Feature Article

Abdominal pain: is it the pancreas?

Andrew V Biankin, Peter Cosman, Neil D Merrett



Pancreatic diseases are generally poorly understood, frequently misdiagnosed and inadequately treated. This article outlines the symptoms of pancreatic pathology and guides the practitioner through various investigations.

Key Points

  • For patients over the age of 50 years with abdominal pain, one should have a high level of suspicion for the presence of underlying malignancy, particularly of the pancreas.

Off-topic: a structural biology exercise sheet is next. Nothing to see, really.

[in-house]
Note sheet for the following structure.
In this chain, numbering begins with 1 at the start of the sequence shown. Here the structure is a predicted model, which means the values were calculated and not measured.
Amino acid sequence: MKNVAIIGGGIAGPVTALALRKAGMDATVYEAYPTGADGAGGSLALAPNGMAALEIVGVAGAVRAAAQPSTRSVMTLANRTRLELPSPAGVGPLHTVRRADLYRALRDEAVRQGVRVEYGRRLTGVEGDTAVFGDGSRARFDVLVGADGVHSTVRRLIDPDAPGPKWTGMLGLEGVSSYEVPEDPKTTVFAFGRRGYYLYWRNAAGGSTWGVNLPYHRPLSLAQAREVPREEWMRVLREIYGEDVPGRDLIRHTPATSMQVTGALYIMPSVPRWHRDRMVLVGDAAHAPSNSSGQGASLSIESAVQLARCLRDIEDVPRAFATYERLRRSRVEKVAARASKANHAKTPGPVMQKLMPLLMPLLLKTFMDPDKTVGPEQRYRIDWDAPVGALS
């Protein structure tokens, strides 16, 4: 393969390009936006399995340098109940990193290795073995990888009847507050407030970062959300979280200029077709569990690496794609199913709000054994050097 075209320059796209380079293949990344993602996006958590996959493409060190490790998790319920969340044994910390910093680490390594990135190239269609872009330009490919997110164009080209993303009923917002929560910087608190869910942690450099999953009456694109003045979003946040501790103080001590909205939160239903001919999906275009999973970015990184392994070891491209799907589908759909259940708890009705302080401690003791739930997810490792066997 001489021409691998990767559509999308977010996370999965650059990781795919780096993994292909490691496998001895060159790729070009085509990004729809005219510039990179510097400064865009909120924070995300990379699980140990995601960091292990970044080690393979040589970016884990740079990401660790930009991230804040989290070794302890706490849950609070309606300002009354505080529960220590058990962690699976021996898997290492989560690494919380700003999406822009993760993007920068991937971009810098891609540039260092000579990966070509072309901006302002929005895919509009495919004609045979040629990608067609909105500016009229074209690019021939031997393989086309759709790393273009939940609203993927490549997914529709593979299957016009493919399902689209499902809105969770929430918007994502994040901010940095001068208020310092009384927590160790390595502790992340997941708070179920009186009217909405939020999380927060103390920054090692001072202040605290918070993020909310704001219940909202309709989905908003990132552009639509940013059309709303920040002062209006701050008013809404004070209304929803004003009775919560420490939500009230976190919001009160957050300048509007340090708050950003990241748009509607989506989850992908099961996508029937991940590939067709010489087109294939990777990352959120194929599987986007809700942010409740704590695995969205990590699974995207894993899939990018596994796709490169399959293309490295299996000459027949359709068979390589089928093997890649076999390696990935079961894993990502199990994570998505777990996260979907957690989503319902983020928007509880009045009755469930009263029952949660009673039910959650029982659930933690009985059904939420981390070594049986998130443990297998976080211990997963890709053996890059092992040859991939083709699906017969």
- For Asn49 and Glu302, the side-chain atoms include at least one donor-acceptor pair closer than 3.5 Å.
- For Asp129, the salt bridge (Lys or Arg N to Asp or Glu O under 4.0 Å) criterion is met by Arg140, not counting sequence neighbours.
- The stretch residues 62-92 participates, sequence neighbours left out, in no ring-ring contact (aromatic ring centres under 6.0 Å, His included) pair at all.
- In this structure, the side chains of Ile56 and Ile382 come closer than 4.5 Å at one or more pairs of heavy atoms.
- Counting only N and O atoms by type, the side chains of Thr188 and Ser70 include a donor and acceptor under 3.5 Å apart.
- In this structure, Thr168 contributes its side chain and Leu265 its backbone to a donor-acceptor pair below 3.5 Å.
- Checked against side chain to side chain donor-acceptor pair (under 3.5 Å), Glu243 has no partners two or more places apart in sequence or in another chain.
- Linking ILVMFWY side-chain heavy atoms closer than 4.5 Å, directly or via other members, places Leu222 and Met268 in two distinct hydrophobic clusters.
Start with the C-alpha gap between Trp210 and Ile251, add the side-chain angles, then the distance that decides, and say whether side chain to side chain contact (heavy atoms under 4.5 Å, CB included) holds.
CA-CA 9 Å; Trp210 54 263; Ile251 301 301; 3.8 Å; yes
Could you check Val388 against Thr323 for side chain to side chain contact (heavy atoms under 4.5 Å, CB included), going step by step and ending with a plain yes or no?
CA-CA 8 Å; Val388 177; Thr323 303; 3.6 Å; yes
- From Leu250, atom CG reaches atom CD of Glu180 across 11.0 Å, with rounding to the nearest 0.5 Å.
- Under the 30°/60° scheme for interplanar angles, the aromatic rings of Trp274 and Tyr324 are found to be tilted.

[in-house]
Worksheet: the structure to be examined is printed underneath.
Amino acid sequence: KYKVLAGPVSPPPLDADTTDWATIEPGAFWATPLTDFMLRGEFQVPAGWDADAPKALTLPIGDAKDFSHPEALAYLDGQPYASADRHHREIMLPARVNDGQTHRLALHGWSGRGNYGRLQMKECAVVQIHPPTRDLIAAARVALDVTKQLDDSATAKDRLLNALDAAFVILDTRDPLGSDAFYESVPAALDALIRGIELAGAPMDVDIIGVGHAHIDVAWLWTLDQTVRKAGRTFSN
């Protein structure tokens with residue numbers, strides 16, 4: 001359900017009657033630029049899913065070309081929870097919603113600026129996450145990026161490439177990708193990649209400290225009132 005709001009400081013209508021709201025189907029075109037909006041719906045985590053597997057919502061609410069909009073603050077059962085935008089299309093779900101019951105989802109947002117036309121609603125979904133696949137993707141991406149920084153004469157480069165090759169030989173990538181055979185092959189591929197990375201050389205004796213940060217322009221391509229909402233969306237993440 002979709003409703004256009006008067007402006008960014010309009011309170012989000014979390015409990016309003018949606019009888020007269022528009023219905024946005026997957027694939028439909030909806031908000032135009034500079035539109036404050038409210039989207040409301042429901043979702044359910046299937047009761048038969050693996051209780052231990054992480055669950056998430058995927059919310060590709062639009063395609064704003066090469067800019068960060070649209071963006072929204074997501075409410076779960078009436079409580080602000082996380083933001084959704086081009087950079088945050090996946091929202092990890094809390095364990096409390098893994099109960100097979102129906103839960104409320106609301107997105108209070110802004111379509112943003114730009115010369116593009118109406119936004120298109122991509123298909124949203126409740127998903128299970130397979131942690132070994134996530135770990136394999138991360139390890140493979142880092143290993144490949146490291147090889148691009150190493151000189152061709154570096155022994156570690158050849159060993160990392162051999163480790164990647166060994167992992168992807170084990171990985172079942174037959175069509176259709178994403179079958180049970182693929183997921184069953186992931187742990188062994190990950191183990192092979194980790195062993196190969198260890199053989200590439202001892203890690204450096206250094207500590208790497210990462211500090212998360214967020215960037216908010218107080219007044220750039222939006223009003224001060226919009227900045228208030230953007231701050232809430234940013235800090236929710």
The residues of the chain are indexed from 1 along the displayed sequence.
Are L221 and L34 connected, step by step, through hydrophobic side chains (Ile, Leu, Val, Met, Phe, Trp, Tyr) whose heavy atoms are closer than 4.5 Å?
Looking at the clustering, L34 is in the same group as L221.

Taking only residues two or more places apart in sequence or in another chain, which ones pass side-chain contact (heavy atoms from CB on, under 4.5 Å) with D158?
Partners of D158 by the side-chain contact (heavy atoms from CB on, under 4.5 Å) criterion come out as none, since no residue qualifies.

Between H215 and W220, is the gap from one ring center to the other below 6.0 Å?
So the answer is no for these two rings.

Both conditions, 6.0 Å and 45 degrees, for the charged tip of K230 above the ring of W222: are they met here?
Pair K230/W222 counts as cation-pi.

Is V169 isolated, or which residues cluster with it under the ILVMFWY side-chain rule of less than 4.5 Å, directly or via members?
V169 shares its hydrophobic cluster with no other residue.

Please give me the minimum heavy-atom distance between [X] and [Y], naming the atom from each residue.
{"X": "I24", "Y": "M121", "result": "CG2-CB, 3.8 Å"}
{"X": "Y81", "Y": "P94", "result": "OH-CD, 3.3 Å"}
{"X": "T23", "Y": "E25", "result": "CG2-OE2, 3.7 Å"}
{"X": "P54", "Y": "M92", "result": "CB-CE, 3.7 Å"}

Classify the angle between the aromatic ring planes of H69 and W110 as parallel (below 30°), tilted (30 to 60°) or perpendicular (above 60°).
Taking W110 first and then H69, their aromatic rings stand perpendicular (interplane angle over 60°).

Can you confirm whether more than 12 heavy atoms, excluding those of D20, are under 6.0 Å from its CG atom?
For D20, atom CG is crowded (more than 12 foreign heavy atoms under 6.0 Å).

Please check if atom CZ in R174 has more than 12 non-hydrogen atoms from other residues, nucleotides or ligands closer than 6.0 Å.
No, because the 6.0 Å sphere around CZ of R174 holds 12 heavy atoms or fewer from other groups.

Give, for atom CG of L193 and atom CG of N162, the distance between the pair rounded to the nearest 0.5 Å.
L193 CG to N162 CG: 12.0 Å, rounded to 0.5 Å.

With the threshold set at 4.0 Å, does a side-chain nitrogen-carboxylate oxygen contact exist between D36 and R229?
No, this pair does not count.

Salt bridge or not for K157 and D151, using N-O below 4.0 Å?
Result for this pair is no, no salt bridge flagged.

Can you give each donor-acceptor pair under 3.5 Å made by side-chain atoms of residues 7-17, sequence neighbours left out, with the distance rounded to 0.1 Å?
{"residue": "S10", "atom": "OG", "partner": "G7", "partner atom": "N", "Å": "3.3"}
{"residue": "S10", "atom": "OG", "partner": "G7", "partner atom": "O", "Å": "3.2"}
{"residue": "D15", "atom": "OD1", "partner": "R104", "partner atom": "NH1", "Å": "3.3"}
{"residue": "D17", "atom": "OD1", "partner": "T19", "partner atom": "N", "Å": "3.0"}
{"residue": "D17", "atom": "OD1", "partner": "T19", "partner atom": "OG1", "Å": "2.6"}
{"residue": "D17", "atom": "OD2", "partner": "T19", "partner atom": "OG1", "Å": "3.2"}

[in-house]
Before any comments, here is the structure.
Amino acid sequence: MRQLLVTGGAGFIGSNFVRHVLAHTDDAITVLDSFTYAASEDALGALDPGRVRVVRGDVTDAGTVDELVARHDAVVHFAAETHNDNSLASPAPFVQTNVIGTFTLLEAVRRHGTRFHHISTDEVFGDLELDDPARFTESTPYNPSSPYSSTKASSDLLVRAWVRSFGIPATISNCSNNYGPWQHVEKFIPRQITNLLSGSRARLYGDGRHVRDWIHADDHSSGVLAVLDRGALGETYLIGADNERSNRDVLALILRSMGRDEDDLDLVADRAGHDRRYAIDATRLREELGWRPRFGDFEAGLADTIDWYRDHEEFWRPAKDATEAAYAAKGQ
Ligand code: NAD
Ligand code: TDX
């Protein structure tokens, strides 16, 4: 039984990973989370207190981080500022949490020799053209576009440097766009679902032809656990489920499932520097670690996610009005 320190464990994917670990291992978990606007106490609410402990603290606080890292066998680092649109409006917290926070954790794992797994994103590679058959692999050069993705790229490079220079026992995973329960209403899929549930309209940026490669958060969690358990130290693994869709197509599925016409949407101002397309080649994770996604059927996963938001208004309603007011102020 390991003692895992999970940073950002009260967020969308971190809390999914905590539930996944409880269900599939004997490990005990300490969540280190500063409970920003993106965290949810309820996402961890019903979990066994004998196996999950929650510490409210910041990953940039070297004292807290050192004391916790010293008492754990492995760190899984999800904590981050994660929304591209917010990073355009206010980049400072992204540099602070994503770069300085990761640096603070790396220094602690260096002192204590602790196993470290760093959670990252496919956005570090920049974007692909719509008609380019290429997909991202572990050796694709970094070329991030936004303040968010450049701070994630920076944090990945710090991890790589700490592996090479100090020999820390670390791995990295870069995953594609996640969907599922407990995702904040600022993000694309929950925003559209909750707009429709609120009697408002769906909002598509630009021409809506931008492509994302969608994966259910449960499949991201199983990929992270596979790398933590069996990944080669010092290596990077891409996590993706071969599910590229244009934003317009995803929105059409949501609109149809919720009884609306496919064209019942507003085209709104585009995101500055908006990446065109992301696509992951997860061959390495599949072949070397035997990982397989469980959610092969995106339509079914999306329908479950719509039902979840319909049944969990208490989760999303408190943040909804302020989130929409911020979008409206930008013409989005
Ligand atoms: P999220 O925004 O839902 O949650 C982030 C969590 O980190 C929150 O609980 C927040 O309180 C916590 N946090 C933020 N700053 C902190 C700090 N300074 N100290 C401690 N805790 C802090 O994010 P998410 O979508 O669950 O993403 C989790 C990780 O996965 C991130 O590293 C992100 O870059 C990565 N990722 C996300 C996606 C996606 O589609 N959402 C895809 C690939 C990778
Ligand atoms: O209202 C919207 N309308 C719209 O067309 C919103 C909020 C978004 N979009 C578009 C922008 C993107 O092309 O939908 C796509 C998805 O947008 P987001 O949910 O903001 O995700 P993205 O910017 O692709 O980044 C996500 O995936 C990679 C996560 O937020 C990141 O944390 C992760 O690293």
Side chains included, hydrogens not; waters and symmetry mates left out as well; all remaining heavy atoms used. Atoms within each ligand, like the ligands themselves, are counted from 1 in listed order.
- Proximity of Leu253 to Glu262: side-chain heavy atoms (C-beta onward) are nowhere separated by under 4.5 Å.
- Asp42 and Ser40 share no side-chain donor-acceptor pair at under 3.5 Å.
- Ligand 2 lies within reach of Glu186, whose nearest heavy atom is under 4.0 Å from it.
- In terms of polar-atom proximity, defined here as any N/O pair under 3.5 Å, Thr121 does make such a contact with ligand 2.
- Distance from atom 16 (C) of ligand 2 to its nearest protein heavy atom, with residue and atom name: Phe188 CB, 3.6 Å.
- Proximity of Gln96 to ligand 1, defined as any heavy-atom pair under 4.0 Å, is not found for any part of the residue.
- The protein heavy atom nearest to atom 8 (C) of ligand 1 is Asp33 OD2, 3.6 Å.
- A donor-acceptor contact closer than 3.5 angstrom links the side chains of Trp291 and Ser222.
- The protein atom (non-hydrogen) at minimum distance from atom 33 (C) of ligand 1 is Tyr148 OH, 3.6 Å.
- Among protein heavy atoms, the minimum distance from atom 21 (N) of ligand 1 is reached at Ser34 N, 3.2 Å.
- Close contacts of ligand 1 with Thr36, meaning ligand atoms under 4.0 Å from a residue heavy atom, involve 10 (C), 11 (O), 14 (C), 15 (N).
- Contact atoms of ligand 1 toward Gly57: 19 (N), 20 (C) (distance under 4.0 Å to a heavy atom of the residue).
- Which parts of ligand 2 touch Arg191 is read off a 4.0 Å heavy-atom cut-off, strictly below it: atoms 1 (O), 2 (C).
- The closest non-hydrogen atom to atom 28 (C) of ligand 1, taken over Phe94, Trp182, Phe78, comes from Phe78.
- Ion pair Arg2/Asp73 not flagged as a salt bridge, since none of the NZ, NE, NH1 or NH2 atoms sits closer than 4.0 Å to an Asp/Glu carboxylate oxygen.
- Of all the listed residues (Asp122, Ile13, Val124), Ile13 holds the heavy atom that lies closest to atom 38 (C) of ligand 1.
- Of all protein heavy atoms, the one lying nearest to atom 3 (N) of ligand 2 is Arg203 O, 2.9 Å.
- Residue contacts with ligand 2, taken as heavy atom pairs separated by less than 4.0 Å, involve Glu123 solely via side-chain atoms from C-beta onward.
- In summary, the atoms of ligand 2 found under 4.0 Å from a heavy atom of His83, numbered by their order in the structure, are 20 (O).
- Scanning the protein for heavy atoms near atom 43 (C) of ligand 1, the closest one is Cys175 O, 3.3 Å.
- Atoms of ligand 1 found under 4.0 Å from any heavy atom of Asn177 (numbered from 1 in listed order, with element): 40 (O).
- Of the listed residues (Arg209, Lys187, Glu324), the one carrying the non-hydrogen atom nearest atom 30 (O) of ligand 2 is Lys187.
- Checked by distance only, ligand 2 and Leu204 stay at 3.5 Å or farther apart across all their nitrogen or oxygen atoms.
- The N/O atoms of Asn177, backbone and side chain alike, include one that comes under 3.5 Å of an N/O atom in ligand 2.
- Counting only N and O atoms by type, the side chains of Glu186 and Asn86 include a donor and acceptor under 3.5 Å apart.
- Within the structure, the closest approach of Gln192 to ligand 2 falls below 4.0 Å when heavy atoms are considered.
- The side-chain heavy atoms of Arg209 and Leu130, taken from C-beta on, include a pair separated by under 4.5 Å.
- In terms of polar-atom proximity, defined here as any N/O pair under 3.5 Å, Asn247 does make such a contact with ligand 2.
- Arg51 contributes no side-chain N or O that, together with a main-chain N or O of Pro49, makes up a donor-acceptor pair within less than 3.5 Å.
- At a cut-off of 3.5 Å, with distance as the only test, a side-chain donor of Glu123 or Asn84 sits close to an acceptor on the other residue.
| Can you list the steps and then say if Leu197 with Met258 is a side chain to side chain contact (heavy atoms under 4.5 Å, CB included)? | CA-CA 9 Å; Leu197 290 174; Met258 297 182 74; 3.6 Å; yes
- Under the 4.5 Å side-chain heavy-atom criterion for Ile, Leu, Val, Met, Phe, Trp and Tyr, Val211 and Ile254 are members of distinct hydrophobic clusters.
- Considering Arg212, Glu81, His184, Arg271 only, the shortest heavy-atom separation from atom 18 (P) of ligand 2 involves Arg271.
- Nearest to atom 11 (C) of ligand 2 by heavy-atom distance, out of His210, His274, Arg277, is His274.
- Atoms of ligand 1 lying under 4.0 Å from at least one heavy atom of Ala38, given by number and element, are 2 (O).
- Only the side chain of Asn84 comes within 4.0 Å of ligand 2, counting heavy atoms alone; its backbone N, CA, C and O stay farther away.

• Any demonstrated abnormality of the pancreas should be investigated further and treated as pancreatic cancer until proven otherwise.
  • Any masses should be assessed by specialists in the field for further treatment.
  • Patients with chronic pancreatitis are at risk for pancreatic malignancy and should be followed up by a gastroenterologist or a pancreatic surgeon.
  • Percutaneous biopsy should not be performed prior to assessment of resectability because of the risk of the tumour seeding along the needle tract and thereby eliminating any chance of cure.